The tyranny of the eight-hour block reinforces a narrow conception of sleep and how we should approach it. … The idea that we should sleep in eight-hour chunks is relatively recent.
A number of recent studies suggest that any deep sleep — whether in an eight-hour block or a 30-minute nap — primes our brains to function at a higher level, letting us come up with better ideas, find solutions to puzzles more quickly, identify patterns faster and recall information more accurately.
Gradual acceptance of the notion that sequential sleep hours are not essential for high-level job performance has led to increased workplace tolerance for napping and other alternate daily schedules.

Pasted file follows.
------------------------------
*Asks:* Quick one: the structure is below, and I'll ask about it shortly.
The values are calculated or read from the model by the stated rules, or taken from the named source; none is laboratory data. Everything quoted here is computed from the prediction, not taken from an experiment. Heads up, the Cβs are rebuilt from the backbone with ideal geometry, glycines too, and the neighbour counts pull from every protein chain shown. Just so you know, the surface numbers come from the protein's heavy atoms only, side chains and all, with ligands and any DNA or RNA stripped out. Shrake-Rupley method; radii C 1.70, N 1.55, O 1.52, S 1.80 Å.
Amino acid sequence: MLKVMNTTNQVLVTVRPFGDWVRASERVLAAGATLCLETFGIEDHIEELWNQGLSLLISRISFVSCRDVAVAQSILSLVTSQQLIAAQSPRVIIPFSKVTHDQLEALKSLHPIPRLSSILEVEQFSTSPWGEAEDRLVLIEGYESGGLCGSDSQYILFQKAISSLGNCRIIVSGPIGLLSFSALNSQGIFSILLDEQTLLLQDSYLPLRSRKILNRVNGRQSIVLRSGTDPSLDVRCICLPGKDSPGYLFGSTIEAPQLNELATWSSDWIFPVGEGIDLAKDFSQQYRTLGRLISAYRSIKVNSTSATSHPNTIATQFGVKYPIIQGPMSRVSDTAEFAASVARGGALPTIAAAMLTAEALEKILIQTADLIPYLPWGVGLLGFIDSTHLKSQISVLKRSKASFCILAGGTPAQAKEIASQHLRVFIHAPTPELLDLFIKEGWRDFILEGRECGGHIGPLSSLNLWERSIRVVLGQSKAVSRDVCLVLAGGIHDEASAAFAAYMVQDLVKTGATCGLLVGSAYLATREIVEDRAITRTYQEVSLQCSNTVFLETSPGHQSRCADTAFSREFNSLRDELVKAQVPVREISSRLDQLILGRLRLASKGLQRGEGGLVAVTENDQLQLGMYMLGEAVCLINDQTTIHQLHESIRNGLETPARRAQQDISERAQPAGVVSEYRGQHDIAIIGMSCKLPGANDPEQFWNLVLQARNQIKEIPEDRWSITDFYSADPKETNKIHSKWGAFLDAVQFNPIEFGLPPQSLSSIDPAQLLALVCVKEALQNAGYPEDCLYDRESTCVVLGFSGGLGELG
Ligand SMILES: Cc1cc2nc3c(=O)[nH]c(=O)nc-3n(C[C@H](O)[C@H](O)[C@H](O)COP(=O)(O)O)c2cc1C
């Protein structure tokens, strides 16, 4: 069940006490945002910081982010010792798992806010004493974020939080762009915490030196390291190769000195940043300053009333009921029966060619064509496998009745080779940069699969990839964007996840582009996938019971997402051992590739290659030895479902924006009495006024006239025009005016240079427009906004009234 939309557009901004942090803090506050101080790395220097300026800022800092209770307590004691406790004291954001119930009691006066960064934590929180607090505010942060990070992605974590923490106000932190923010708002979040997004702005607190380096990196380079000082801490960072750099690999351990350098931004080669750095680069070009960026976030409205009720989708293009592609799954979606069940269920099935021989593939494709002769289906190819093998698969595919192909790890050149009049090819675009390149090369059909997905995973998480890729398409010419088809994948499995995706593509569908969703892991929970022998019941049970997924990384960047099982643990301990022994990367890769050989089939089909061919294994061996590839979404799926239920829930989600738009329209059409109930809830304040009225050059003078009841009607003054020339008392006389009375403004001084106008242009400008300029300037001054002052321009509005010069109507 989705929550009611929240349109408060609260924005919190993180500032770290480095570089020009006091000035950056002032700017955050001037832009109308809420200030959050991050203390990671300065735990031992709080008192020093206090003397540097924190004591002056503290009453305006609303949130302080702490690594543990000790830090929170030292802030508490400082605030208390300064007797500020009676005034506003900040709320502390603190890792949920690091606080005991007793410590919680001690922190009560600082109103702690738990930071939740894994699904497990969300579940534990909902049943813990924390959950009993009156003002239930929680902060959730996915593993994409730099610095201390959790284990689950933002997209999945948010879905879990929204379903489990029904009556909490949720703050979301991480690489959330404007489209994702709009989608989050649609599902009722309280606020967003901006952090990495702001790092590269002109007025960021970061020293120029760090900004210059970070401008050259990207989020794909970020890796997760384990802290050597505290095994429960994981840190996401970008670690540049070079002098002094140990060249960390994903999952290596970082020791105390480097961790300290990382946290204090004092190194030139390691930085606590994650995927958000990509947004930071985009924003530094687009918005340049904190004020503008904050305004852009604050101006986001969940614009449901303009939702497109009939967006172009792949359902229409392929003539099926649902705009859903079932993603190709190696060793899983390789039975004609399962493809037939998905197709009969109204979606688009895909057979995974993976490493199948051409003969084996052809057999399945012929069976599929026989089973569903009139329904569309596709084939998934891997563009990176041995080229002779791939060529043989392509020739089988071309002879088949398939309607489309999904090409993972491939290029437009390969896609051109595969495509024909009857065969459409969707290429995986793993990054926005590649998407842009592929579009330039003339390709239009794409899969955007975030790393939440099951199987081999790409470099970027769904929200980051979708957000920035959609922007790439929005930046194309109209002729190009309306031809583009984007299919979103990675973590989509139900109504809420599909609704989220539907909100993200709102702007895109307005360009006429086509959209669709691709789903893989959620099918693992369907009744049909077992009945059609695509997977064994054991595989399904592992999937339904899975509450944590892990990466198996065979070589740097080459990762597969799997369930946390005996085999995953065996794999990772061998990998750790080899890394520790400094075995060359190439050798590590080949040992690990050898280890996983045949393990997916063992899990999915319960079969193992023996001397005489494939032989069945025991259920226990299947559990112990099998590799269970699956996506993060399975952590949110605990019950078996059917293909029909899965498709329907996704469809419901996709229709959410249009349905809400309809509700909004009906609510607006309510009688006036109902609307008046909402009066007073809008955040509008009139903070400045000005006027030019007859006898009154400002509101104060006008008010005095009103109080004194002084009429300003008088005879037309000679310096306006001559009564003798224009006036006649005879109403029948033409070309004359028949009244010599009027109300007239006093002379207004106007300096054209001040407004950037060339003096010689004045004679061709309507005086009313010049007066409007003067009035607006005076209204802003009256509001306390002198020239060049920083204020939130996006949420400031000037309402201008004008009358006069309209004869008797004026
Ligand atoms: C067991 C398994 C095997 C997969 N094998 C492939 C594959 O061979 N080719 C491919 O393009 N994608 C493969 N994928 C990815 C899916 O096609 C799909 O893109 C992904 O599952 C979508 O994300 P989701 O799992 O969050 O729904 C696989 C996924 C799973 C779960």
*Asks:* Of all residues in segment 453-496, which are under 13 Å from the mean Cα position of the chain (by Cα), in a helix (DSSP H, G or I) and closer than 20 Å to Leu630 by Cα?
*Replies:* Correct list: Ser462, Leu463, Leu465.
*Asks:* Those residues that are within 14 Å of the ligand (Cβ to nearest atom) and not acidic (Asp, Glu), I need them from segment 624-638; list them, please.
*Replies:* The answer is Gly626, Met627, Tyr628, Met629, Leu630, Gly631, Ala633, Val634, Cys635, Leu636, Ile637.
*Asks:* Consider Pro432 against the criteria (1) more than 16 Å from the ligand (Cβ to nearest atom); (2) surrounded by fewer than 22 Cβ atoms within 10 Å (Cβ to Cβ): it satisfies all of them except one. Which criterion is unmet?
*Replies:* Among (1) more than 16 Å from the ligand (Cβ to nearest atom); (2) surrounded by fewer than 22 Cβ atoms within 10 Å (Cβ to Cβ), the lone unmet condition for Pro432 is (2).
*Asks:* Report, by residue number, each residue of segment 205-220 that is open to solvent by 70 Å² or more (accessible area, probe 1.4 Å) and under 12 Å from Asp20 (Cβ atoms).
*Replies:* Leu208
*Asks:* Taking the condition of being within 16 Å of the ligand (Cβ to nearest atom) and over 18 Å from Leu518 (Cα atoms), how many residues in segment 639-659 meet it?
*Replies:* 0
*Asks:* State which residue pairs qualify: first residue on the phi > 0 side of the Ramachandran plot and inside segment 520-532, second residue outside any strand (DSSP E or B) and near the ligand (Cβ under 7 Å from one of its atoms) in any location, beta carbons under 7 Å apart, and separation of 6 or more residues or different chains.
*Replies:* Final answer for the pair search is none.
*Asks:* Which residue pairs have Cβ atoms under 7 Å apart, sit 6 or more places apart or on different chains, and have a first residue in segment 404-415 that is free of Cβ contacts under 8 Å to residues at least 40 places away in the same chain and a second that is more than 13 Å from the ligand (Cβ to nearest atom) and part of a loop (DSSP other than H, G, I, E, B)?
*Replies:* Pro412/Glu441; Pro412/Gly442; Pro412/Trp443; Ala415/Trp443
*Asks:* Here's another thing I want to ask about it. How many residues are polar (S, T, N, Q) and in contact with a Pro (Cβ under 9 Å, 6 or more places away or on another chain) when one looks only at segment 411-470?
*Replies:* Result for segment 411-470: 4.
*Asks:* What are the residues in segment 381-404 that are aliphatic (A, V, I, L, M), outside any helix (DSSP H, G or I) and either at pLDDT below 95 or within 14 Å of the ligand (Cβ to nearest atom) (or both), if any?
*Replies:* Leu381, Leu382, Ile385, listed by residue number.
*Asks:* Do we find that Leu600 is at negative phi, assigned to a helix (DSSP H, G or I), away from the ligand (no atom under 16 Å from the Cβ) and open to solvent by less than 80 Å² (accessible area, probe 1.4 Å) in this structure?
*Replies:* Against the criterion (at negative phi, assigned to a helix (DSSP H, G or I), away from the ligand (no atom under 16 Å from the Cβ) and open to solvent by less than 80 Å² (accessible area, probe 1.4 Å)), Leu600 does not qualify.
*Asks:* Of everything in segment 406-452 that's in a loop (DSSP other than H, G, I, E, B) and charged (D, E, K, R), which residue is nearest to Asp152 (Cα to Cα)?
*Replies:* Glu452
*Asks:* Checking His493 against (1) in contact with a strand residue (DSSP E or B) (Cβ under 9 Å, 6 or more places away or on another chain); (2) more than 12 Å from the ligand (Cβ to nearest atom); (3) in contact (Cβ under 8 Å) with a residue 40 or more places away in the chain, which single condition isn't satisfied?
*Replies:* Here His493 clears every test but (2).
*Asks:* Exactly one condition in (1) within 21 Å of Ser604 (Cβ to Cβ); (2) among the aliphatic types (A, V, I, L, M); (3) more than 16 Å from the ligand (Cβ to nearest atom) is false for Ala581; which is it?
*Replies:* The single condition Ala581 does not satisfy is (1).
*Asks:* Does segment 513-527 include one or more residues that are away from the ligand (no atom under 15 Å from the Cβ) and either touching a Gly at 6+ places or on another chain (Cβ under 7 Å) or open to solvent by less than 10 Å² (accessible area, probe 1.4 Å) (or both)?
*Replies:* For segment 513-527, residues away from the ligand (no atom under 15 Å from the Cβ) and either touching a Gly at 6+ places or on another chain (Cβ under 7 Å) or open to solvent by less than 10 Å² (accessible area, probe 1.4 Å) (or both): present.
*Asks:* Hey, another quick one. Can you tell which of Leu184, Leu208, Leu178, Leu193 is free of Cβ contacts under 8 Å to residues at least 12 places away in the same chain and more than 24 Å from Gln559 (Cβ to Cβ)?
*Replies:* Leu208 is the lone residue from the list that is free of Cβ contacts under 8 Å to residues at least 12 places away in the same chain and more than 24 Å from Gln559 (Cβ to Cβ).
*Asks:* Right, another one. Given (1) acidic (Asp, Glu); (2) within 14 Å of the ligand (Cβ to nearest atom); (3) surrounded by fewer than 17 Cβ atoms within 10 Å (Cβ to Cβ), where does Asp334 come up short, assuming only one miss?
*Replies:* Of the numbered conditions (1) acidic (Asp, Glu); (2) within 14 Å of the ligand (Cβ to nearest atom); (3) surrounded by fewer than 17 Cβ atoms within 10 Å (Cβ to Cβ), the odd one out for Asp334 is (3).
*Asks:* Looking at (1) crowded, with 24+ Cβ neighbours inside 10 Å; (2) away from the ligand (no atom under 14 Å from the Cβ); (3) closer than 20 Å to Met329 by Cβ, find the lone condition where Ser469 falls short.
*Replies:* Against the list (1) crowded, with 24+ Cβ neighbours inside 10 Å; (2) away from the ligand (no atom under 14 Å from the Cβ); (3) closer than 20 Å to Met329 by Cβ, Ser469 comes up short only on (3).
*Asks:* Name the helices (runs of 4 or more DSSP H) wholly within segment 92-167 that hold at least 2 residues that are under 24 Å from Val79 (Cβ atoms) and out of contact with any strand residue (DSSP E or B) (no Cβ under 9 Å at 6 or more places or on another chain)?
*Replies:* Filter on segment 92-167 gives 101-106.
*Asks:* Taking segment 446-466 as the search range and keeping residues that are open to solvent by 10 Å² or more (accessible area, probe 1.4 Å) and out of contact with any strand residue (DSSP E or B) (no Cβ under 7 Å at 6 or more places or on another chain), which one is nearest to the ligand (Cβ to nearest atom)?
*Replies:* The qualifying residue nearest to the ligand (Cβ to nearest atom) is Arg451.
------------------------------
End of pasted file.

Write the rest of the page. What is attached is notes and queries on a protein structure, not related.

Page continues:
Employees at Google, for instance, are offered the chance to nap at work because the company believes it may increase productivity.
Most of us are not fortunate enough to work in office environments that permit, much less smile upon, on-the-job napping. But there are increasing suggestions that greater tolerance for altered sleep schedules might be in our collective interest
Randall is the author of Dreamland: Adventures in the Strange Science of Sleep, one of the best science books of 2012.